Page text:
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Design factors in epidemiologic cohort studies of work-related low back injury or pain.
Kraus JF; Gardner L; Collins J; Sorock G; Volinn E
Am J Ind Med 1997 Aug; 32(2):153-163
Issues associated with and specific aspects of cohort studies of occupational related low back pain (LBP) were described. A cohort study may be retrospective, prospective or a hybrid of the aforementioned. Cohort membership can be fixed, where the membership is static due to their presence at the same event, or dynamic, where the population gains and loses members during the study period. Sample size estimation, issues involved in definition, measurement, and models in low back events were reviewed. Acute injury and cumulative injury or pain models were compared, with neither category of model being satisfactory alone, but instead, using a unified model that combines both the acute and chronic paradigms. Nonparticipation or selection bias, information bias, the healthy worker effect and confounding effects in cohort studies were reviewed. Methods for determining and measuring back injury risk factors and exposures were discussed, and included ergonomic assessments of employee exposure in each task and job title, historical data review of job titles and activities, and investigator inspection and discussion with company management. The comparability and validity of outcome measures, the followup and/or monitoring of outcome, measures of effect and data analysis, and the interaction of exposure and worker risk factors were also discussed.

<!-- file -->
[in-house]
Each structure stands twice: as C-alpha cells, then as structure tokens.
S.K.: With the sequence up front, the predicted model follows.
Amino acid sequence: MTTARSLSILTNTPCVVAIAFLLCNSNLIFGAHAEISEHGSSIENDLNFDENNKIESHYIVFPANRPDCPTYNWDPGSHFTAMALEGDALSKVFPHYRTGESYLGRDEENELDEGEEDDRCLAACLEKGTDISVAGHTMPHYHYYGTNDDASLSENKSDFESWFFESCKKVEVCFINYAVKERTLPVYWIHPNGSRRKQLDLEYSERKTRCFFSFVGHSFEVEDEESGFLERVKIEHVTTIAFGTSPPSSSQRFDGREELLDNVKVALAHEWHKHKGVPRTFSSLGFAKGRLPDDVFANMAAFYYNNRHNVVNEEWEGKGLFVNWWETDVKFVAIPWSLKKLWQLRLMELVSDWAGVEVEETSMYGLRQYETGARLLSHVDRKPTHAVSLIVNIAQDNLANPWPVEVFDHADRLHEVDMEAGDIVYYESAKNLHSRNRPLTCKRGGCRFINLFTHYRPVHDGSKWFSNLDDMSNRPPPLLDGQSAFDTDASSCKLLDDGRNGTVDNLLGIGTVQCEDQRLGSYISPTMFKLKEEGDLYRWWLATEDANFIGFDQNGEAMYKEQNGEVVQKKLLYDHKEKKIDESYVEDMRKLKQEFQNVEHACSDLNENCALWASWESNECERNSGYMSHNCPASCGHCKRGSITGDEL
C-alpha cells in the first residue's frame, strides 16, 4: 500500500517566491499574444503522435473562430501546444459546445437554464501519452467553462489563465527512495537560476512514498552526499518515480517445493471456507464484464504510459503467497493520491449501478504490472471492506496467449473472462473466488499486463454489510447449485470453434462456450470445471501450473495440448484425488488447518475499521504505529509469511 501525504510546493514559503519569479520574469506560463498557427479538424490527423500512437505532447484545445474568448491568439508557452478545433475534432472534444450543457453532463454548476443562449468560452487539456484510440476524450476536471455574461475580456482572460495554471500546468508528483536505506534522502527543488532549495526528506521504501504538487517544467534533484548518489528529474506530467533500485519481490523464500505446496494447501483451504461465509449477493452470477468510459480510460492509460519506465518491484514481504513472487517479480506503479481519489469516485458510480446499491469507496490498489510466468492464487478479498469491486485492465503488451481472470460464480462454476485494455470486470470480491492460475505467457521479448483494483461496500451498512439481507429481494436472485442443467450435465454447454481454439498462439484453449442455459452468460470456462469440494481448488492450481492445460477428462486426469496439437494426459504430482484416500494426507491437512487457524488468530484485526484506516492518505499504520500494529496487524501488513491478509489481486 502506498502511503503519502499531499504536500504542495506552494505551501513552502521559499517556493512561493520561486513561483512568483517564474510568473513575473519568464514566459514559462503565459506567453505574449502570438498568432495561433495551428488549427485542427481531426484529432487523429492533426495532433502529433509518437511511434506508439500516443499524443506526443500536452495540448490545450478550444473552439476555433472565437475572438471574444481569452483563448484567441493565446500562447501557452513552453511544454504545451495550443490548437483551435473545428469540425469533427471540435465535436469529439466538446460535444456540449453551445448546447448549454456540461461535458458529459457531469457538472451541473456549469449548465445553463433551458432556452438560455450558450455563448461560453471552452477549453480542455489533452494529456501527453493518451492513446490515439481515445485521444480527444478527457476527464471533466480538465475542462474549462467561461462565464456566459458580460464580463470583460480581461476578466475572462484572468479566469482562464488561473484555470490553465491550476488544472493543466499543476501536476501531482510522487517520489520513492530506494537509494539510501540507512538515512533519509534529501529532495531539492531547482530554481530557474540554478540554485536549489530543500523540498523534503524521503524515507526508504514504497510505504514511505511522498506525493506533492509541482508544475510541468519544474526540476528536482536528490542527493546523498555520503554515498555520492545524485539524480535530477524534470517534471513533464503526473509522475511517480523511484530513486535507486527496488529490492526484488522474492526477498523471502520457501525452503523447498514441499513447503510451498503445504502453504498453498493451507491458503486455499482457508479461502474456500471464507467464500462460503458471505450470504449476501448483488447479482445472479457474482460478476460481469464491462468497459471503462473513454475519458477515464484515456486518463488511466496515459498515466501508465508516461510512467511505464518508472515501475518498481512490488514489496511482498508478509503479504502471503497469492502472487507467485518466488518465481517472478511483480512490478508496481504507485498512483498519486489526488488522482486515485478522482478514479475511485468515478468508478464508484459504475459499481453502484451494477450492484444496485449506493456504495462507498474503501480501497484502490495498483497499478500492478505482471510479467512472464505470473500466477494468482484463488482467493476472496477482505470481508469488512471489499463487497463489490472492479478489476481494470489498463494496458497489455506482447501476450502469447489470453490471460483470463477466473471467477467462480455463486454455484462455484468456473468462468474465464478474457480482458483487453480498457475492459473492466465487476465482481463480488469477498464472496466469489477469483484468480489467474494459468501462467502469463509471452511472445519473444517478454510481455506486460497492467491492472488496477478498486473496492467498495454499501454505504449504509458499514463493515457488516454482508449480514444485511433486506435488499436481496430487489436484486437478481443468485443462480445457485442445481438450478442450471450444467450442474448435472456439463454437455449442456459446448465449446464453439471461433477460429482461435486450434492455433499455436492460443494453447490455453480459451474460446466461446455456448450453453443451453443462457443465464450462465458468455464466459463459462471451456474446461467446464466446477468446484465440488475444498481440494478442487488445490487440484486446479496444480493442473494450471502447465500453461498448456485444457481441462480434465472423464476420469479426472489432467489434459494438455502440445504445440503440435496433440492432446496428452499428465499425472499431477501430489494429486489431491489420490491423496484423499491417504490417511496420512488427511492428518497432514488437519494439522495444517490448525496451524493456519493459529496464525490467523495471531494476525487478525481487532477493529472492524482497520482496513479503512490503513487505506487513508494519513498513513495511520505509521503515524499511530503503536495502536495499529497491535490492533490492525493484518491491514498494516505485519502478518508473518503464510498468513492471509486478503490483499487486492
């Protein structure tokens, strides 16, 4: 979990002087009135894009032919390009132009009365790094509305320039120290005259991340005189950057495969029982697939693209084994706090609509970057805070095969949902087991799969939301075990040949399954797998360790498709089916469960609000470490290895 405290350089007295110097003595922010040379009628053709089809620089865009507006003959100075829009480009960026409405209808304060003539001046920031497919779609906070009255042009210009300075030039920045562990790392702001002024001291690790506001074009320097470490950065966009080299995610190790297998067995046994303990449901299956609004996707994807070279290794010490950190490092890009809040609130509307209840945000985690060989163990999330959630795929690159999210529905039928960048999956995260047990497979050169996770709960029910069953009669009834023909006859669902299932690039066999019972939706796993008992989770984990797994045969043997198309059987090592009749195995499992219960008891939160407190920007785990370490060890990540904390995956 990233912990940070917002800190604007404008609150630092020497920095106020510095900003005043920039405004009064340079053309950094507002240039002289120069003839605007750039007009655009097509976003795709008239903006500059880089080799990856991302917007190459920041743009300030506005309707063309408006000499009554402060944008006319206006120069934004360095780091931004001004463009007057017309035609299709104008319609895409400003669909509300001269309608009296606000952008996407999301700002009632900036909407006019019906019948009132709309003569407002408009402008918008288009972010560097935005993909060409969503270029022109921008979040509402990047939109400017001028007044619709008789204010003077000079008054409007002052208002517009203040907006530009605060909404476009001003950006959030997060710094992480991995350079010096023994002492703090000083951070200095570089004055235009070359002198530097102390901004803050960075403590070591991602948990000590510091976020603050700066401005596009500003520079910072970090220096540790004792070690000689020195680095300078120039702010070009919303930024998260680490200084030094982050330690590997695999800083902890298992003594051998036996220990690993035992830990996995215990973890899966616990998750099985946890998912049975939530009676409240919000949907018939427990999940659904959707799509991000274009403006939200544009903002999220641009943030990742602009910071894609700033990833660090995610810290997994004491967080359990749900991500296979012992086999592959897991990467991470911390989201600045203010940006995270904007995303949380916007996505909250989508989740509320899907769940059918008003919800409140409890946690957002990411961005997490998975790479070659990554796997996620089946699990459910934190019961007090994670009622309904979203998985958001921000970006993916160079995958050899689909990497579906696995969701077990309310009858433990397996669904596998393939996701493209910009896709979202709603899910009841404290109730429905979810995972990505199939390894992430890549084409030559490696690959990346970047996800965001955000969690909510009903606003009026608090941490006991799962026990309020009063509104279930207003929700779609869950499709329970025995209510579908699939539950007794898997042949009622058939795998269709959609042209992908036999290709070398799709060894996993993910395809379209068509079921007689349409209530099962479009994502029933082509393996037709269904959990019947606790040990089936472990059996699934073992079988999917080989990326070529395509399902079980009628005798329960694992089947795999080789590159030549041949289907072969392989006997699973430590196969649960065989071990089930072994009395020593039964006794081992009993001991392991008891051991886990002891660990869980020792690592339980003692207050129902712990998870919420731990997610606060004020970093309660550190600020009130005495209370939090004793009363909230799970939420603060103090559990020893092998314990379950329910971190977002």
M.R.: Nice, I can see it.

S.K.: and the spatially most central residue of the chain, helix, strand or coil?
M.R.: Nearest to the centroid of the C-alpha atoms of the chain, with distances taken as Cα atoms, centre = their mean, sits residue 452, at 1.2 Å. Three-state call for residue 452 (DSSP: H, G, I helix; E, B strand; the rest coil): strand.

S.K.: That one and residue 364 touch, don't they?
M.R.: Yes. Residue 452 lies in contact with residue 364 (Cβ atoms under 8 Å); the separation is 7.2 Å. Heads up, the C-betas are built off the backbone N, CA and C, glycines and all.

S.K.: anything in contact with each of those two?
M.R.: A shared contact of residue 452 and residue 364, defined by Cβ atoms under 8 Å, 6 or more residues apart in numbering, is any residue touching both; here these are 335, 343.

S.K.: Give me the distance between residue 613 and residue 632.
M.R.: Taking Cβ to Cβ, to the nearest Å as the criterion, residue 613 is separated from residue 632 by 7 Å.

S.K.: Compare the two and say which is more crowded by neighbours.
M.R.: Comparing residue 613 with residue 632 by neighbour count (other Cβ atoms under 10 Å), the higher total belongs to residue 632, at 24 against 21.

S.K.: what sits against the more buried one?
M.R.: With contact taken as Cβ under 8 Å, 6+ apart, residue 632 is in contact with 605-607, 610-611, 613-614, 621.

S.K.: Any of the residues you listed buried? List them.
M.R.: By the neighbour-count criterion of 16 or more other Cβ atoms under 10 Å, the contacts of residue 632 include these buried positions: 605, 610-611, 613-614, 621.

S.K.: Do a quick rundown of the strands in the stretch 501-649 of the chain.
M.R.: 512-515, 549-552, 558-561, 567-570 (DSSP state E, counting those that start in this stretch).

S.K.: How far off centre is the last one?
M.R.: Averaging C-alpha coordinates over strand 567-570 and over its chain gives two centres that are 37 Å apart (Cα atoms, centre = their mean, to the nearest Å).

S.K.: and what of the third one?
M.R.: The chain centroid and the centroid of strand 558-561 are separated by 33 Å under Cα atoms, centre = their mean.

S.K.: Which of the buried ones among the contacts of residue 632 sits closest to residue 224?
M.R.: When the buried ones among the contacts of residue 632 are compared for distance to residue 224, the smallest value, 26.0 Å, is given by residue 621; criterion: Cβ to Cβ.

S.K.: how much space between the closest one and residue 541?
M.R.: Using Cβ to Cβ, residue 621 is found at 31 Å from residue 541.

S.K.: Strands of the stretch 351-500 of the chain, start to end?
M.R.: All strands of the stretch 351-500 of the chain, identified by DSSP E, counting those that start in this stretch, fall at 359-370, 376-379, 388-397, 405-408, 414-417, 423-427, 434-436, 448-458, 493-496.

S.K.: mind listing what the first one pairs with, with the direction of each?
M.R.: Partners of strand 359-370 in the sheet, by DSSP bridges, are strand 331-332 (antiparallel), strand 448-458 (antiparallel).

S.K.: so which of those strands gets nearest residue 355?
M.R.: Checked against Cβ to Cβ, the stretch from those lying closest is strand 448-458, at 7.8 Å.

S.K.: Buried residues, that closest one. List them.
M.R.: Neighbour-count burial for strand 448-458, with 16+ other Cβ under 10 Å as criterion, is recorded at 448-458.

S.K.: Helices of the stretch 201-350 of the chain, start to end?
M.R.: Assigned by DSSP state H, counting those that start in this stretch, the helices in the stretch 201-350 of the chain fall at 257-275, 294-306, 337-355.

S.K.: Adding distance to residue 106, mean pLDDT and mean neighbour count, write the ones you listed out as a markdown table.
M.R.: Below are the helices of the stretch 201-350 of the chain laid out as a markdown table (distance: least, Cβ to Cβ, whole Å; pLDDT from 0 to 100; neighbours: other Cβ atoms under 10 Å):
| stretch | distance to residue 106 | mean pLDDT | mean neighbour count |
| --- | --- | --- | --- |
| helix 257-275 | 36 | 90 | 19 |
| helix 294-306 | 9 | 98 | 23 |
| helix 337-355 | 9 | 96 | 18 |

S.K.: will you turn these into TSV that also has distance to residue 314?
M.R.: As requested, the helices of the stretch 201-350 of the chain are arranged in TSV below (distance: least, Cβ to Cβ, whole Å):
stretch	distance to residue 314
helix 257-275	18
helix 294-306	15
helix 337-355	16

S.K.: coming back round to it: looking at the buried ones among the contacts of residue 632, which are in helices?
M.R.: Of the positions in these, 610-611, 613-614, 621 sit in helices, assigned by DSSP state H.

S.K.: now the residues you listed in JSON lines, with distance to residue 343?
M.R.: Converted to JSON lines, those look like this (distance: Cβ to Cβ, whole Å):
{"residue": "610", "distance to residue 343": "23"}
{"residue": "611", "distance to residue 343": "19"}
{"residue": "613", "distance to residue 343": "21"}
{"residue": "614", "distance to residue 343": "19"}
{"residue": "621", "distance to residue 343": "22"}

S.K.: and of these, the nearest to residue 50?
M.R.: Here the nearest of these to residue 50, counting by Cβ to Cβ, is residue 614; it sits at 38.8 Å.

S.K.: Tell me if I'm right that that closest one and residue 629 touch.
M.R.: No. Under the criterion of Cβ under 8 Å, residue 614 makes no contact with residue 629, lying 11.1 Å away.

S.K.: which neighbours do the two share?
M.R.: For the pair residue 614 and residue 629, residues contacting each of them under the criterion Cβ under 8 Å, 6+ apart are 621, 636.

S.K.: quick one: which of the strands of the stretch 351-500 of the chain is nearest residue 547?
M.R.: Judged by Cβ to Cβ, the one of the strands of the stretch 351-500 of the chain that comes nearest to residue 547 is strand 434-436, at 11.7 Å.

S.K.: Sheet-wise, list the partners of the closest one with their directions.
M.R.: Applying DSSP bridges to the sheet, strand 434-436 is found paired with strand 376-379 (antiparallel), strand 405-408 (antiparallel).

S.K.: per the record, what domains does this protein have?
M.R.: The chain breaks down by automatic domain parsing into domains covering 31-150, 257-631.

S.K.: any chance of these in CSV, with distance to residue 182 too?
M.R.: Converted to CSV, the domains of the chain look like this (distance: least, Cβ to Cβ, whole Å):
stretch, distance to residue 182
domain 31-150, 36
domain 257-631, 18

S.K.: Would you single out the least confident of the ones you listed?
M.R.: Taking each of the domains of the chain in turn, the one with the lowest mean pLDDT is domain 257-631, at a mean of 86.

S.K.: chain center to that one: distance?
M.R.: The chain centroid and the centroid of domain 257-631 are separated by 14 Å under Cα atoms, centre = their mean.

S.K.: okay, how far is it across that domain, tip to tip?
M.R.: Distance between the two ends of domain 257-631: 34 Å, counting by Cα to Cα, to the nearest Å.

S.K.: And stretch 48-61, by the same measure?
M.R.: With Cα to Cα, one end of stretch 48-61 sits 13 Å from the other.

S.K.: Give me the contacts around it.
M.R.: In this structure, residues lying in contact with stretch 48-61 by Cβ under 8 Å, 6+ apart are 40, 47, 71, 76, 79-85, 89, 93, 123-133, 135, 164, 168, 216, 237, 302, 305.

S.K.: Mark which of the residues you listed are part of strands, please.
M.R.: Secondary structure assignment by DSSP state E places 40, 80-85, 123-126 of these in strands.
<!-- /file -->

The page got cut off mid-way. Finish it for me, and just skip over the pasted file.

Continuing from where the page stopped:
NIOSH-Author; Humans; Back-injuries; Musculoskeletal-system-disorders; Workplace-studies; Industrial-medicine; Injury-prevention; Occupational-health; Author Keywords: cohort studies; back pain; workplace; injury; methodology
Dr. Jess F. Kraus, UCLA, School of Public Health, Department of Epidemiology, Southern California Injury Prevention Research Center, 76-078 CHS, Box 951772, Los Angeles, CA 90095-1772
Issue of Publication
American Journal of Industrial Medicine
CA; WV; MA
Page last reviewed: January 31, 2020
Content source: National Institute for Occupational Safety and Health Education and Information Division